ARE YOU ABLE TO DO SOME DIFFERENT THINGS ON THE ROAD COURSES WITH THIS CAR? “I only know how to answer it honestly and it hasn’t on the road course. It’s completely different how you drive it on the oval, for sure, but at Sonoma in particular it wasn’t much different. COTA, it’s really hard to judge because we spent a majority of that inaugural race weekend in the rain, so it’s really hard for me to tell you how big of a difference it was car to car. The brakes, yes, you can drive in a little bit deeper, but we’re talking about a little bit. Now at Martinsville, it felt like you could drive in a ton deeper, but at the road courses, for whatever reason, that hasn’t been the case. I don’t know if that’s downforce and drag, or weight – what that might be. The brakes themselves, obviously, are bigger and better, but as far as braking later, you’re not really braking much later than you would in year’s past.”
Ford Performance PR
Dawsonville native and 2020 NASCAR Cup Series champion Chase Elliott took part in an unprecedented celebration of Georgia champions in Atlanta Wednesday.
In recognition of recent title triumphs by Elliott, the Atlanta Braves, and the University of Georgia, Elliott's 2020 Cup championship trophy was proudly on display at the College Football Hall of Fame alongside the College Football Playoff National Championship trophy and the Atlanta Braves 2021 World Series trophy during the event, much to delight of Georgia sports fans in attendance - including Elliott himself.
"Obviously it's been a great run for Georgia sports," said Elliott. "I'm proud to have a small part of that and a lot of great support here in the state."
Fresh off a win at Nashville Superspeedway on Sunday, Elliott has his eyes set on success at his home track in the upcoming Quaker State 400 Presented by Walmart on July 10.
"There will be some things that we attack it differently with," Elliott said when asked about his teams' approach for the second race on the newly revamped Atlanta Motor Speedway. "But at the same time I think the overall vibe of the event will be very similar to what it was in the spring."
The first race on the all-new AMS in March set a record for most lead changes (46) and leaders (20) for a race at the 1.54-mile speedway. Elliott expects more of the same when NASCAR's stars return for an encore performance.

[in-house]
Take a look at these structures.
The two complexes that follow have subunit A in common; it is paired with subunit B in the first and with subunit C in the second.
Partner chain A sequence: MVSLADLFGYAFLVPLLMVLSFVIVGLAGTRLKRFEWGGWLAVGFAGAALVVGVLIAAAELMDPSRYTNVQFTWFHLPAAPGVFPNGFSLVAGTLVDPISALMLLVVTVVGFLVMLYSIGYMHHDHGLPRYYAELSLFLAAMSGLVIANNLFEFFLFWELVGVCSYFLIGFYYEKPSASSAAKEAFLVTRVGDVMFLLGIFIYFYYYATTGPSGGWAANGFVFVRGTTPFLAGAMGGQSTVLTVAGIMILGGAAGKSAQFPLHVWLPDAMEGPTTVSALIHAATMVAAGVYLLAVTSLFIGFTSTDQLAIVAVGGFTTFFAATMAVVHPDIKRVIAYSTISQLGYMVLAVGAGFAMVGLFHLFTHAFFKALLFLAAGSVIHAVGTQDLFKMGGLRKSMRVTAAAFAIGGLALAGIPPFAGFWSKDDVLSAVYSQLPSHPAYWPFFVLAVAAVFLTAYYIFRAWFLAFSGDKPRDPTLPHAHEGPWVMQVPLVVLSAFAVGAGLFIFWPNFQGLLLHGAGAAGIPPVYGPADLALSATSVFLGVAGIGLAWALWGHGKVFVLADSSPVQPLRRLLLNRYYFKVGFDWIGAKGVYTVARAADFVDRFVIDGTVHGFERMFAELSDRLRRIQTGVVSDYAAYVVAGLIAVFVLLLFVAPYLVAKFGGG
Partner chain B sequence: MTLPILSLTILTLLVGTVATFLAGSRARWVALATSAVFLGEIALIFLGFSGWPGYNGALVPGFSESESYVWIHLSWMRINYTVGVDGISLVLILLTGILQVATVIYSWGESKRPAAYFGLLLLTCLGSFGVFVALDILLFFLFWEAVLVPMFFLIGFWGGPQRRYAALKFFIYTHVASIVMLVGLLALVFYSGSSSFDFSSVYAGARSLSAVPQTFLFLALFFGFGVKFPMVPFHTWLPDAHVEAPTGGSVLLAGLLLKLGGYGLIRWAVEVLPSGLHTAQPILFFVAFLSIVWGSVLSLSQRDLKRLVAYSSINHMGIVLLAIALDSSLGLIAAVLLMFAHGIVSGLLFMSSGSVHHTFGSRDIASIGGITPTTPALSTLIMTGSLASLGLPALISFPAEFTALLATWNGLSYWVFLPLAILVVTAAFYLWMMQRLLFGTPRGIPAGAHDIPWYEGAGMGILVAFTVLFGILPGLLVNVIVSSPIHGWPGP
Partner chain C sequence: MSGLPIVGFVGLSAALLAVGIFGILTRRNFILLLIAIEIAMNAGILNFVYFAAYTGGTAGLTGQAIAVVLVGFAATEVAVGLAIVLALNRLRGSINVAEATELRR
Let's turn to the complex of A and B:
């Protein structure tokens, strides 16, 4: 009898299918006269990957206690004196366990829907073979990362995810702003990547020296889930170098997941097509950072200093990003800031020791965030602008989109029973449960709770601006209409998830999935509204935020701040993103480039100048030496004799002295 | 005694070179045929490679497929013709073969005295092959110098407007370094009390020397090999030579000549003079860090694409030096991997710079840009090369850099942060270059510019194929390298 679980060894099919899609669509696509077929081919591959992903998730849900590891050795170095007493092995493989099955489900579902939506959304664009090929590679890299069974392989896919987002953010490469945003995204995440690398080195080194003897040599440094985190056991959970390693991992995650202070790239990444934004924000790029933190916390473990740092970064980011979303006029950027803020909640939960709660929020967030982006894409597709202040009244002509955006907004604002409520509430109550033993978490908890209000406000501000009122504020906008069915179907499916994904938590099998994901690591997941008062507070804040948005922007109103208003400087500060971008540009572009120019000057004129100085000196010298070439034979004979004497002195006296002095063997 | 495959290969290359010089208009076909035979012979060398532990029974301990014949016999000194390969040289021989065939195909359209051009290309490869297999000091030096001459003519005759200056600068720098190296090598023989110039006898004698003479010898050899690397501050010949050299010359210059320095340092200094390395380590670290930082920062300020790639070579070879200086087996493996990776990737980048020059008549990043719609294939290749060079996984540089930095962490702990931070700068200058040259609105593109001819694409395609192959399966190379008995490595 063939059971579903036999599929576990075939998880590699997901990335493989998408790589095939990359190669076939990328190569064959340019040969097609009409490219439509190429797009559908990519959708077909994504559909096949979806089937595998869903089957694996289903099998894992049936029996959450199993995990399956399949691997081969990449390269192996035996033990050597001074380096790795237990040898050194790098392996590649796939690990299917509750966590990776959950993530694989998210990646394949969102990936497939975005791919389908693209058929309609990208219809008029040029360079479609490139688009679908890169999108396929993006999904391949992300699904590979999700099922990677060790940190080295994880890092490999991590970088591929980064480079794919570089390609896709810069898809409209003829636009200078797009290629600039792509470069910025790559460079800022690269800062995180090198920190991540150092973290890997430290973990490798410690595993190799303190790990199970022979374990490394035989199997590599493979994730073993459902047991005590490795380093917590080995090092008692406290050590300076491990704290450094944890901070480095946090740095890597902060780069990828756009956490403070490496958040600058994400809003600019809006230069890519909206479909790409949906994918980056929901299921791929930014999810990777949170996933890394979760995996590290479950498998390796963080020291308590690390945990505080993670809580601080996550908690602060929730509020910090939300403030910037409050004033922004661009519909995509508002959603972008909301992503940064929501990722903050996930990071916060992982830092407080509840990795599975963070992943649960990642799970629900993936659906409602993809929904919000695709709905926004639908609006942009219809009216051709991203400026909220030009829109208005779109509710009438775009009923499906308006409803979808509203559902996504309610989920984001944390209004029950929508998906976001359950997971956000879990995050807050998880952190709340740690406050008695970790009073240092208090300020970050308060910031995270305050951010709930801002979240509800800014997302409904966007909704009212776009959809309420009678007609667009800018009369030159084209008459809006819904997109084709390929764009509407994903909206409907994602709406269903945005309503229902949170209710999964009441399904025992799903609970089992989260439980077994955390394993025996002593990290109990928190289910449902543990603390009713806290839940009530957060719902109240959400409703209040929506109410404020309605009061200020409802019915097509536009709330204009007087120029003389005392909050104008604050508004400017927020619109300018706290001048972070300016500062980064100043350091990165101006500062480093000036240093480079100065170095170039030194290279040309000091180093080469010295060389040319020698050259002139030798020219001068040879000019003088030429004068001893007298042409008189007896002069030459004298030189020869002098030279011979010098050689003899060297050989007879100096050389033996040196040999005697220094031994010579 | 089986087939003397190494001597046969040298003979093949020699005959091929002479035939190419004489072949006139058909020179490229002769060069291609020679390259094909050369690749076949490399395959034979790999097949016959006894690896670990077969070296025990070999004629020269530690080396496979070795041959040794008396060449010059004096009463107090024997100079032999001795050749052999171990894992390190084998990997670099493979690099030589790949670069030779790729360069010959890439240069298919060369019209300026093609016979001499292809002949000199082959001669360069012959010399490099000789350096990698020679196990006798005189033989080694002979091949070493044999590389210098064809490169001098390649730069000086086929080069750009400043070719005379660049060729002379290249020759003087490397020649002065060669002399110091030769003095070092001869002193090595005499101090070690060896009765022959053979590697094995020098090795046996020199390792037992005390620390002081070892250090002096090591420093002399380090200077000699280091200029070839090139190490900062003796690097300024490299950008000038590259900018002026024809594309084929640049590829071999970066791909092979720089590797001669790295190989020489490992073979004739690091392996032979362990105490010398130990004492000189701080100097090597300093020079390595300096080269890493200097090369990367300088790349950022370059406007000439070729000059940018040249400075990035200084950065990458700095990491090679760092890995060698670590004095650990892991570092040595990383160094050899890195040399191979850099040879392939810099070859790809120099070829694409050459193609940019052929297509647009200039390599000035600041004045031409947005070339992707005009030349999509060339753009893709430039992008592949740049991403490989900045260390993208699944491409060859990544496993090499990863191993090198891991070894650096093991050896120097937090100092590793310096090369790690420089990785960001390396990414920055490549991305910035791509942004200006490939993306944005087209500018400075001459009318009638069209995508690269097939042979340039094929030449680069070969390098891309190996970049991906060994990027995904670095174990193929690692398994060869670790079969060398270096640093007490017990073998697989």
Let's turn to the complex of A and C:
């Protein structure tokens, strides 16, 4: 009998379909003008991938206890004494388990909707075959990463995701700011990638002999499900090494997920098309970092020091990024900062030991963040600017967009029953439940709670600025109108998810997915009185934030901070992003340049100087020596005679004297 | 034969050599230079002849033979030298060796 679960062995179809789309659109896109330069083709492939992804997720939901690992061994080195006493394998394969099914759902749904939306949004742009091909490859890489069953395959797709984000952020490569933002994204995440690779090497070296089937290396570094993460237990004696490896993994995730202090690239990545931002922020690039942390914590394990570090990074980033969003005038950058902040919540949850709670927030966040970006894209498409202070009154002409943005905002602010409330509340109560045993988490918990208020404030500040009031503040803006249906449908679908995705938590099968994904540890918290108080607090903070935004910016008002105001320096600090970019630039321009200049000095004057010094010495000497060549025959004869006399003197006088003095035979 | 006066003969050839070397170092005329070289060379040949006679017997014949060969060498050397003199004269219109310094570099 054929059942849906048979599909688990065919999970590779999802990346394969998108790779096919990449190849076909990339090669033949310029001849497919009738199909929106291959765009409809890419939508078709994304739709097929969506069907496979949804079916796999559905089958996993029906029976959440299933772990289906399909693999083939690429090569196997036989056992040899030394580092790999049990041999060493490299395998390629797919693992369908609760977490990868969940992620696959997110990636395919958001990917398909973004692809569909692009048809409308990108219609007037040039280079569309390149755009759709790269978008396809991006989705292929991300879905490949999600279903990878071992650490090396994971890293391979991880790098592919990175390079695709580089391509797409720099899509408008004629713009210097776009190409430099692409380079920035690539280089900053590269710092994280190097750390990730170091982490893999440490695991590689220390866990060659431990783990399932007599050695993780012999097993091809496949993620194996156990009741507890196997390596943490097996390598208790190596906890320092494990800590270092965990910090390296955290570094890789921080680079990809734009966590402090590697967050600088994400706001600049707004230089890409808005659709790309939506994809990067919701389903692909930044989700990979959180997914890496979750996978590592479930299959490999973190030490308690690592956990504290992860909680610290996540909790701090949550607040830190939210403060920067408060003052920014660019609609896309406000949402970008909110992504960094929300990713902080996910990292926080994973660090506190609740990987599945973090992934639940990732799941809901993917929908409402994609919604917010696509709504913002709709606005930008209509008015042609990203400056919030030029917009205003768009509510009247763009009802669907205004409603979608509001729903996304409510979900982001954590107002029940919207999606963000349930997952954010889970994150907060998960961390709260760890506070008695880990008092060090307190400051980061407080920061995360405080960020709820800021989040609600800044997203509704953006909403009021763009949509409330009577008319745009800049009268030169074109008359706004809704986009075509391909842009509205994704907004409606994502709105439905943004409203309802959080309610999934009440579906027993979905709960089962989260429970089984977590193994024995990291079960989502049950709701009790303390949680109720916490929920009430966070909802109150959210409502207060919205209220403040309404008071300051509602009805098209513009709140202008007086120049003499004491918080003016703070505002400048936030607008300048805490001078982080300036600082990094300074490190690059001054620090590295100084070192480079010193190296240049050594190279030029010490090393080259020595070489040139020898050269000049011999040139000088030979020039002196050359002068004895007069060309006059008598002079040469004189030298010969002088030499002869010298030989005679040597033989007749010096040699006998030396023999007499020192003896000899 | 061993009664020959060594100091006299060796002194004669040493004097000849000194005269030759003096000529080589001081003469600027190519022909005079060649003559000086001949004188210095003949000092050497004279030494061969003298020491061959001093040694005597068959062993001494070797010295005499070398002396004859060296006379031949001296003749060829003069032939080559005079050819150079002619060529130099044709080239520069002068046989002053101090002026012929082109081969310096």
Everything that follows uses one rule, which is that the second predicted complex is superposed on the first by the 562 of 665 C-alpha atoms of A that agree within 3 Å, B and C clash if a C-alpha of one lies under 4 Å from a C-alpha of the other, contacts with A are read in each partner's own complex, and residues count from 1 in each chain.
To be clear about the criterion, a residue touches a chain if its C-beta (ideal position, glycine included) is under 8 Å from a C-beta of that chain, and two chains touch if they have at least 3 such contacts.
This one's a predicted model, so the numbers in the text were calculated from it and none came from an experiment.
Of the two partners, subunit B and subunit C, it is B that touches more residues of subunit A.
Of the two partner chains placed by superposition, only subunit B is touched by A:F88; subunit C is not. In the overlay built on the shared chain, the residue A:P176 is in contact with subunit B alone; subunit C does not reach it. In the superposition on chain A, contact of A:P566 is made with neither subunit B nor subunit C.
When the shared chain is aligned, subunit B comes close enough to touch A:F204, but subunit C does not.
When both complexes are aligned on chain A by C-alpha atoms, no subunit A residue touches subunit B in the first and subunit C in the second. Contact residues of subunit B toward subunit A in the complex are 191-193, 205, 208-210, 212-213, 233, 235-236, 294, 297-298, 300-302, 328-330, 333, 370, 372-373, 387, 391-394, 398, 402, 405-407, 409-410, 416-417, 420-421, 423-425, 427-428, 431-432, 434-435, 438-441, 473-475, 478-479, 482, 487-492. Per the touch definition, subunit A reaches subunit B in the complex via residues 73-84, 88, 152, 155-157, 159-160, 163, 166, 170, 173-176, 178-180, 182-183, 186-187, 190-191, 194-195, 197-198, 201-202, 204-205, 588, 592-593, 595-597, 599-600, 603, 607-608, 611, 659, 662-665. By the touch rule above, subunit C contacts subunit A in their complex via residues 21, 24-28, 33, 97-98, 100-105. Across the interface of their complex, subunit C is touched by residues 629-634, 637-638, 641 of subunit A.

"I think the event will be exciting again and I think the teams will be better prepared," said Elliott. "We were just getting our season started (in March). So now we like to think we're a bit more knowledgable on the setup side of things so I'm sure everyone will be better. So you're going to have to do your homework and be ready come race time."
Tickets to the Quaker State 400 Presented by Walmart weekend July 8-10 at Atlanta Motor Speedway are available online at www.AtlantaMotorSpeedway.com.
Trackhouse Racing PR
The Triple “Roaring 20’s” for Big Block/358 Modifieds Offers Plenty of $$, 602 Sportsman on Race Card Set for Tuesday Night, August 2ND Race Time 7:30 PM
The Roaring 20’s refers to the decade of the 1920’s when the United States enjoyed great economic prosperity, sometimes called the crazy years. Emphasizing the era, Jazz blossomed, the flapper redefined the modern look and there was a large scale growth of high speed cars, films, radio and aviation. This economic growth brought about new trends in lifestyle and culture. The Roaring 20’s also introduced some of the most notorious gangsters such as Al Capone (Scarface), John Dillinger, “Baby Face” Nelson, “Pretty Boy” Floyd, “Machine Gun” Kelly and of course, Bonnie and Clyde. For whatever reason, these names became household names and in many ways, the public saw these famous figures as heroes, that were often celebrated and admired, not scorned.